The New Frugality
By: Chris Farrell
First off, sorry for the delay. We were a little behind this week, and it didn’t help that this has a couple of slow bits. The biggest reason for the 3-star rating was the fact I could never spend more than 20 – 30 minutes at a time in the book. I didn’t finish until this morning.
This is a personal finance book for socially conscious people. Chris Farrell touches on common personal finance wisdom while blending moral investing principles throughout the book. For example, sustainability was perhaps a dozen times throughout. I thought the concept of morally responsible investing makes a lot of sense. The concept is simple, don’t invest your money in businesses that you believe to be morally bankrupt. In the United States, this concept goes back to when the Baptist Abolitionist refused to invest any money in the Atlantic slave trade.
A core idea in this book is the margin of safety. The margin of safety is a buffer that allows an individual to absorb unexpected expenditures without a negative impact to financial security and quality of life. Farrell believes this can rule can be used during many of life’s chapters. For example, don’t buy a house without at least 20% down. This gives you immediate equity in your home, so in the event you need to relocate suddenly, you do not sustain a loss when you sell your house. This could also be applied during college. Education is important, especially in today’s economy. That doesn’t mean you have to take on a debt at all cost in order to complete one. Ignoring the fact that college tuition surged 439% from 1982 to 2007 while incomes only increased 147% is asking for trouble. Instead, try and find ways to avoid incurring so much student debt. For example, go to community college for the first 2 years then transfer to a name brand university after that.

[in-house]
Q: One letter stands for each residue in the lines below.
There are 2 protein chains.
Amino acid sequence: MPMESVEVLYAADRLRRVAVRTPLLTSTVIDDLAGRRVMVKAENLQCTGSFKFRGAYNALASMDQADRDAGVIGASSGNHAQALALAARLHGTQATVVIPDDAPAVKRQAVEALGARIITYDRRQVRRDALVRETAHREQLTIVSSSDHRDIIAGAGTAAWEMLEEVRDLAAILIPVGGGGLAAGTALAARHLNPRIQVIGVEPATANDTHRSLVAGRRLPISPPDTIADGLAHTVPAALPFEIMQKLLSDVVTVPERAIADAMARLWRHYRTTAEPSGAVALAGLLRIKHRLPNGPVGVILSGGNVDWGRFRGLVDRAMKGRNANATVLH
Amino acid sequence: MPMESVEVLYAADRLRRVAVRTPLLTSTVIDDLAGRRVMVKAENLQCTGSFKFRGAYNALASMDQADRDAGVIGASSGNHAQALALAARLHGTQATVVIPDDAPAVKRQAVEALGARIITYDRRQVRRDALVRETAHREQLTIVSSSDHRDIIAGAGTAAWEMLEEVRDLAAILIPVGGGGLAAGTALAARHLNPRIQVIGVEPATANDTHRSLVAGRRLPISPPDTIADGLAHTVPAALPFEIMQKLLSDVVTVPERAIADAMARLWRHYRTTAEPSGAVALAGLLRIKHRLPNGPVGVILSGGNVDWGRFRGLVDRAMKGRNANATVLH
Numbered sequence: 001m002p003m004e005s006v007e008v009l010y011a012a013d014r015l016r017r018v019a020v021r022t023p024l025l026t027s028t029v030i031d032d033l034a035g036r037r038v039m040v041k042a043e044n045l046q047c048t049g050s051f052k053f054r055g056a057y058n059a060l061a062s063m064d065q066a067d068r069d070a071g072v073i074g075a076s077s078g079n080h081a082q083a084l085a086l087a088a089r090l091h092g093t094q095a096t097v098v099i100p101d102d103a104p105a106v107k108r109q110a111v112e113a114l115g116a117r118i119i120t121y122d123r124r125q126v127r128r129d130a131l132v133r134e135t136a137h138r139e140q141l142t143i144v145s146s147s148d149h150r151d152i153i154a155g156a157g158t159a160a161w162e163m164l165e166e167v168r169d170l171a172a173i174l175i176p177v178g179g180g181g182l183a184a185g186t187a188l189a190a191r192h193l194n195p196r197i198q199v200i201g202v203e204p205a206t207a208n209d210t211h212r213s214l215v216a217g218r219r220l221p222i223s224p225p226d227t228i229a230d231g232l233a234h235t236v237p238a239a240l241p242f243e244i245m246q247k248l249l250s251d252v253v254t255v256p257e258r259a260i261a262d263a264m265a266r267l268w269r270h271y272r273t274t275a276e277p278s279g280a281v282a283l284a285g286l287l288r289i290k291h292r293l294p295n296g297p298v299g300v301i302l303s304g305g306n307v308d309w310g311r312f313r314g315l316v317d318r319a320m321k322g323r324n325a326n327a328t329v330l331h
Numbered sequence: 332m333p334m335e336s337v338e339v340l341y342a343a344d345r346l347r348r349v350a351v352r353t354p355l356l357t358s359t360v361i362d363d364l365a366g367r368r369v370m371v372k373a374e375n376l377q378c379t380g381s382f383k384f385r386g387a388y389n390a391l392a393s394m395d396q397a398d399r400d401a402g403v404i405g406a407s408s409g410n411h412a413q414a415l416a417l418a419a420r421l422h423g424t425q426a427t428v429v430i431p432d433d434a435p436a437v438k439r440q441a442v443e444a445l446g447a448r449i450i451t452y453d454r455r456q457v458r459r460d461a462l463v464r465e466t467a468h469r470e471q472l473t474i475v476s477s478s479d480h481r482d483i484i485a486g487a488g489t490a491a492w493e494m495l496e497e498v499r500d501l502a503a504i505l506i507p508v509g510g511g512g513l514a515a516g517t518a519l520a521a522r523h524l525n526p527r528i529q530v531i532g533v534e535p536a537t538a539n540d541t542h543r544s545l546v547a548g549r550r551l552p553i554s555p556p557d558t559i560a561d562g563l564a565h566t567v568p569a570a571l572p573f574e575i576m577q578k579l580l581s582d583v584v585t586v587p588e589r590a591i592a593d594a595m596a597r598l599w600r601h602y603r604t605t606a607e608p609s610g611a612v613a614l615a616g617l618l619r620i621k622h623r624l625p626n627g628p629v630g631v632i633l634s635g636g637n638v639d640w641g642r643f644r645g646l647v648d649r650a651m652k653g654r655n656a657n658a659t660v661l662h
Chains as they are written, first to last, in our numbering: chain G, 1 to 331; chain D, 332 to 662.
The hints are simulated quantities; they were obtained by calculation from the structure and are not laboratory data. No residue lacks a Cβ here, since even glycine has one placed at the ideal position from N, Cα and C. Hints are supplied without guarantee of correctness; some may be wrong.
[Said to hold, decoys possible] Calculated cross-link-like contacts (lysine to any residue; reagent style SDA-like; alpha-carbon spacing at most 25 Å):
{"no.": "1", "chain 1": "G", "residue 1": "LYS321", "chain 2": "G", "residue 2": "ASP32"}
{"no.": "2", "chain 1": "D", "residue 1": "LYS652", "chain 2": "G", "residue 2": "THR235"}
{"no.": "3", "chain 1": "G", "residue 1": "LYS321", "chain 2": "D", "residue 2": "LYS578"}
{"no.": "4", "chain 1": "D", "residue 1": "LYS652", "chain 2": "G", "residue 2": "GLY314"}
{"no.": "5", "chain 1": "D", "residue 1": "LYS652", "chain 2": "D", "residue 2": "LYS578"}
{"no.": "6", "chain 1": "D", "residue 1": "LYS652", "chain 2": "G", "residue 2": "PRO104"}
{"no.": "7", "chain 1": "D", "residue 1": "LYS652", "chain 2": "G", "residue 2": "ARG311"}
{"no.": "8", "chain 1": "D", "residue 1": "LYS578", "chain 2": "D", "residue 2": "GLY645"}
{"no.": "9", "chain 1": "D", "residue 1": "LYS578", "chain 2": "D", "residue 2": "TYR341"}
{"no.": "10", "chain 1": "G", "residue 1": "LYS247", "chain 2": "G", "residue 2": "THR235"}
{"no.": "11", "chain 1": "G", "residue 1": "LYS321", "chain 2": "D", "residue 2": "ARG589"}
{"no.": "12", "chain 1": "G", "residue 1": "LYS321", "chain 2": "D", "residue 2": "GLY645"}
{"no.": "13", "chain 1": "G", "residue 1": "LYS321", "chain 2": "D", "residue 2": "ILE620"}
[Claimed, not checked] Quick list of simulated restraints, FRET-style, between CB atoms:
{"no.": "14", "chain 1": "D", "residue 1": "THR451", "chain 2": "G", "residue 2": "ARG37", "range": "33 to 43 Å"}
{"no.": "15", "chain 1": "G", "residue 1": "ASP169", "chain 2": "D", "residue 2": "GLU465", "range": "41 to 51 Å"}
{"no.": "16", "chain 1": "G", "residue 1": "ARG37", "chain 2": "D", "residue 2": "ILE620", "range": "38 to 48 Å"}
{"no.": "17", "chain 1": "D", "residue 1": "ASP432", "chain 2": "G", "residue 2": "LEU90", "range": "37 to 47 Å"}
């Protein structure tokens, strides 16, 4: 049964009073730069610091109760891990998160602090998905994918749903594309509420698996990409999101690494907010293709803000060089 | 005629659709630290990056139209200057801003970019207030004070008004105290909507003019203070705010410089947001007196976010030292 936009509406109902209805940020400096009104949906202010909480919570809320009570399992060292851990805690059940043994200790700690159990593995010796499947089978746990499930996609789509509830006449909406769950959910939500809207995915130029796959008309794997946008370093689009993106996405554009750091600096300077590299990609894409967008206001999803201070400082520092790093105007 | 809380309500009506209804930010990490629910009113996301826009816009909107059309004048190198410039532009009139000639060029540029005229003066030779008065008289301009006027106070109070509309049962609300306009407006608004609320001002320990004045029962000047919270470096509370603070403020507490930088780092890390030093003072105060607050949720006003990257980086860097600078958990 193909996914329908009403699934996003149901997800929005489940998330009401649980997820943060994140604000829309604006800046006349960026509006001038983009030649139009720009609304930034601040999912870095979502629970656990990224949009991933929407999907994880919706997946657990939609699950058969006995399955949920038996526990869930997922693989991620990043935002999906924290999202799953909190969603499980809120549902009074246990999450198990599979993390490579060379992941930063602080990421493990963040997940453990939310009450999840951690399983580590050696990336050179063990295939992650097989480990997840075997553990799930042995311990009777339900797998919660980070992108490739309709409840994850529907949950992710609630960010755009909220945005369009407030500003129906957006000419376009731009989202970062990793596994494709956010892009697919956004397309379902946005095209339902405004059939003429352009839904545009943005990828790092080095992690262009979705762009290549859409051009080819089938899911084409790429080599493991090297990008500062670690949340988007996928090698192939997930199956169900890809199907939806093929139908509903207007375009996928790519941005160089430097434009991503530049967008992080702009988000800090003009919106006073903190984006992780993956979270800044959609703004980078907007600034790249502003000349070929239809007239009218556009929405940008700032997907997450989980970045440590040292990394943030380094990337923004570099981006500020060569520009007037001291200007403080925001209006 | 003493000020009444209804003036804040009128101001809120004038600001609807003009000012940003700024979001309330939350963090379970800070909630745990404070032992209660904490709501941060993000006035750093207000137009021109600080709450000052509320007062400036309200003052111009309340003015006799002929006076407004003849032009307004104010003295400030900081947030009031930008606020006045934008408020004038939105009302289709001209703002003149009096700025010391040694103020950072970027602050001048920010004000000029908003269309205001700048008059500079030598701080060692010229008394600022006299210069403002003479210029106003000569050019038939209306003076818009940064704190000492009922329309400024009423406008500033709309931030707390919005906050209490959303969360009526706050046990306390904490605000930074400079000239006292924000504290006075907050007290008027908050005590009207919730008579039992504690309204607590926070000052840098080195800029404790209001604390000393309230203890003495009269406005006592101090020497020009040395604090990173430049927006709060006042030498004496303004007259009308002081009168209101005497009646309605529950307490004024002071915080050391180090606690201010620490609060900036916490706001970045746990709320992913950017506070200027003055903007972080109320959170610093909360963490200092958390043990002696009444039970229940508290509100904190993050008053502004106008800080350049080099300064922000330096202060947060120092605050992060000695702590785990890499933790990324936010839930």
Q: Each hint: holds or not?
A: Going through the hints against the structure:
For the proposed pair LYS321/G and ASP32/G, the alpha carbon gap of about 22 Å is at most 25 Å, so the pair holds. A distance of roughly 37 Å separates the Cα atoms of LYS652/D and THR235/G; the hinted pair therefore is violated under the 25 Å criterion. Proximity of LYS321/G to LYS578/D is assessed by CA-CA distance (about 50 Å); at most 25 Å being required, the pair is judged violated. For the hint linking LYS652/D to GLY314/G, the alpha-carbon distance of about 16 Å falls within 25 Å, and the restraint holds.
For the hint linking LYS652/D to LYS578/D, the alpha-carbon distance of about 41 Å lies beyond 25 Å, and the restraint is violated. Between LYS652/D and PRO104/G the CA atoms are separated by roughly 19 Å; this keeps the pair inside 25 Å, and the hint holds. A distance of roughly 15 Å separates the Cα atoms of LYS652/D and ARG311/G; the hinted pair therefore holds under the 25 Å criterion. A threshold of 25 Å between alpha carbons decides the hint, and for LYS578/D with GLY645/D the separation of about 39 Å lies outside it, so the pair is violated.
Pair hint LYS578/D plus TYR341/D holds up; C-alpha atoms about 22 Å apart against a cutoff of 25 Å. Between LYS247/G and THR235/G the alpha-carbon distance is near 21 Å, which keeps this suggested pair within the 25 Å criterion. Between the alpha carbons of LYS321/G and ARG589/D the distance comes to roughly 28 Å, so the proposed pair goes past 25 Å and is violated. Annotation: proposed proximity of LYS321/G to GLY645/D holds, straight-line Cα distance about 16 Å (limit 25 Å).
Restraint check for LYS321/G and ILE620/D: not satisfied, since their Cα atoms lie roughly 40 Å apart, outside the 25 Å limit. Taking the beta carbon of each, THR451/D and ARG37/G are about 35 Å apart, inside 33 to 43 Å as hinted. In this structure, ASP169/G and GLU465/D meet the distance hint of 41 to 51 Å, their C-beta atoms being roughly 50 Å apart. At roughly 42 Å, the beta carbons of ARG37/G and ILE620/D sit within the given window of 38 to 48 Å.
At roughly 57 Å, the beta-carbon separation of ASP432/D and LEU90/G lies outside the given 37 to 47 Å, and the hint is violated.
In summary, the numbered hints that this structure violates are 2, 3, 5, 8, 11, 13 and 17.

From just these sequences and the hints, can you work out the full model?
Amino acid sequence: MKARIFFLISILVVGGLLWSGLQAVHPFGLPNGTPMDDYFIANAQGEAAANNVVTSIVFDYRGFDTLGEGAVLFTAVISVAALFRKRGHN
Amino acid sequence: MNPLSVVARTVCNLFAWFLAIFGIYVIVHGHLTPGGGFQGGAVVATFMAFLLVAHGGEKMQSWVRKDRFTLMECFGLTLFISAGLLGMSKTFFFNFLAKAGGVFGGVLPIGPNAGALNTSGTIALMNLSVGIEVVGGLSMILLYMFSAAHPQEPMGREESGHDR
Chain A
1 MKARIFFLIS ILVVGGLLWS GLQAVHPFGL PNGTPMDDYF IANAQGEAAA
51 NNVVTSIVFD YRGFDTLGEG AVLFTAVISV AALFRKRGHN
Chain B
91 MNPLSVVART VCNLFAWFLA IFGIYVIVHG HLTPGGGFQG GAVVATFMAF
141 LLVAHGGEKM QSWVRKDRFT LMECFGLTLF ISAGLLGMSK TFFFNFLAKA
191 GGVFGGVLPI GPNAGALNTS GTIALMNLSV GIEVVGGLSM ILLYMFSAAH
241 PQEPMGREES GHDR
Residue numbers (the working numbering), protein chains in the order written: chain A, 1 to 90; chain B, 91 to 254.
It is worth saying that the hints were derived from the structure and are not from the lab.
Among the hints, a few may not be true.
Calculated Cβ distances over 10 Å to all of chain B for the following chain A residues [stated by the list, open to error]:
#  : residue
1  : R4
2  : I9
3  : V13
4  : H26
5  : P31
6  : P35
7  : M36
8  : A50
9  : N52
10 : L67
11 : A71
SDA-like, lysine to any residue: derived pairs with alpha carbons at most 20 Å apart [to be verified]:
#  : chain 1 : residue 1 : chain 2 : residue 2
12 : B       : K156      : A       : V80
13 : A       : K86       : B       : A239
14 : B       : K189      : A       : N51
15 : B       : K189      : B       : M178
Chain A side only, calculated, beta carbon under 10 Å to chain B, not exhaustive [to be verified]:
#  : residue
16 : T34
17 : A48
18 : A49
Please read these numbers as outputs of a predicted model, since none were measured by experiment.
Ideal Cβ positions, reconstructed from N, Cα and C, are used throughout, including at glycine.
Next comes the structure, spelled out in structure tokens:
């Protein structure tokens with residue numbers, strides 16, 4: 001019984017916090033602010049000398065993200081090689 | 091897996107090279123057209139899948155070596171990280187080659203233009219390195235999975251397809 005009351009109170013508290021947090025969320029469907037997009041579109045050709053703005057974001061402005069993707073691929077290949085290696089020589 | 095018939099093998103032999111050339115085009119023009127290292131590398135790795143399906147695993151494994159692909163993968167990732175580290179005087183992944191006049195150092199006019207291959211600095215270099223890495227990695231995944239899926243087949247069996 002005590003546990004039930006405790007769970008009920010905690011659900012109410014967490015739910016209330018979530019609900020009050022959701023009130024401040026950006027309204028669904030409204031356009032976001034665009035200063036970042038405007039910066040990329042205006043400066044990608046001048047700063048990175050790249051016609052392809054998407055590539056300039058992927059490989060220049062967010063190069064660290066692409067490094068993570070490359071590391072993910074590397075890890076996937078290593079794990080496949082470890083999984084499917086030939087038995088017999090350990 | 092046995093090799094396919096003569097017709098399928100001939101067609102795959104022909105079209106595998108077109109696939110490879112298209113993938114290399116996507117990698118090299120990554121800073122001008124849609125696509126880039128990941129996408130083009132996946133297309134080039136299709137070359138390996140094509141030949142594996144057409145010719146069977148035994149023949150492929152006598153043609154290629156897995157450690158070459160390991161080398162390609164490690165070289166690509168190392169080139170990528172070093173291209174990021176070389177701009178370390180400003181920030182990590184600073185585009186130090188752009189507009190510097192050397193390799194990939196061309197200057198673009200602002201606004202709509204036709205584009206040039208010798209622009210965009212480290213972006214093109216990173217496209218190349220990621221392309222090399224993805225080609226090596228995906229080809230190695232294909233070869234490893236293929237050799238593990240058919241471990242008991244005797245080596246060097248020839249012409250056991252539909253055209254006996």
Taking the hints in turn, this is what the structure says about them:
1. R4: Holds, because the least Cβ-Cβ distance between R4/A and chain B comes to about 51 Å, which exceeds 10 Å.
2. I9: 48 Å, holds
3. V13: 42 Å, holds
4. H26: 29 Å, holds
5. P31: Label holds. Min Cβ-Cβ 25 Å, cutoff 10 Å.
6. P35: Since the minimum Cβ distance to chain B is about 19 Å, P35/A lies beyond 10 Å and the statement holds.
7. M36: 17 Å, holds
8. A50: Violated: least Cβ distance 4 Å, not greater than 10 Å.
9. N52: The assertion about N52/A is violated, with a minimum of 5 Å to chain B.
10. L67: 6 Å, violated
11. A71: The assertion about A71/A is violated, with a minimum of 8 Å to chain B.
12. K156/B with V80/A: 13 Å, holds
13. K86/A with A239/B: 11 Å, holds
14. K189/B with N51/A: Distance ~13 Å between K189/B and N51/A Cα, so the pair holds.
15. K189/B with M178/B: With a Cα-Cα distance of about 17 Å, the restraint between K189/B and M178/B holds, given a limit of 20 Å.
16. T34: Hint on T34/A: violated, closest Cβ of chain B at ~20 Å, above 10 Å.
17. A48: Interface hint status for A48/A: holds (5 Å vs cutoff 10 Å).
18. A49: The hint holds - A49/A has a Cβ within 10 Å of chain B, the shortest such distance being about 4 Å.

Of course, this book also contains its fair share of conventional personal finance wisdom as well. He quotes Benjamin Franklin often in the last chapter. A few I liked include
“If you would be wealthy, think of saving as well as getting”
“He that goes a-borrowing foes a-sorrowing”
“The borrower is slave to the lender, the debtor to the creditor.”
While the information is good, I can’t ignore the fact that this book did not hold my attention very well. Also, the information inserts on every other page proved to be more of a detraction that a help understanding the content. If you are just starting out learning about personal finance, I would definitely recommend The Simple Path to Wealth before this one.
over and out,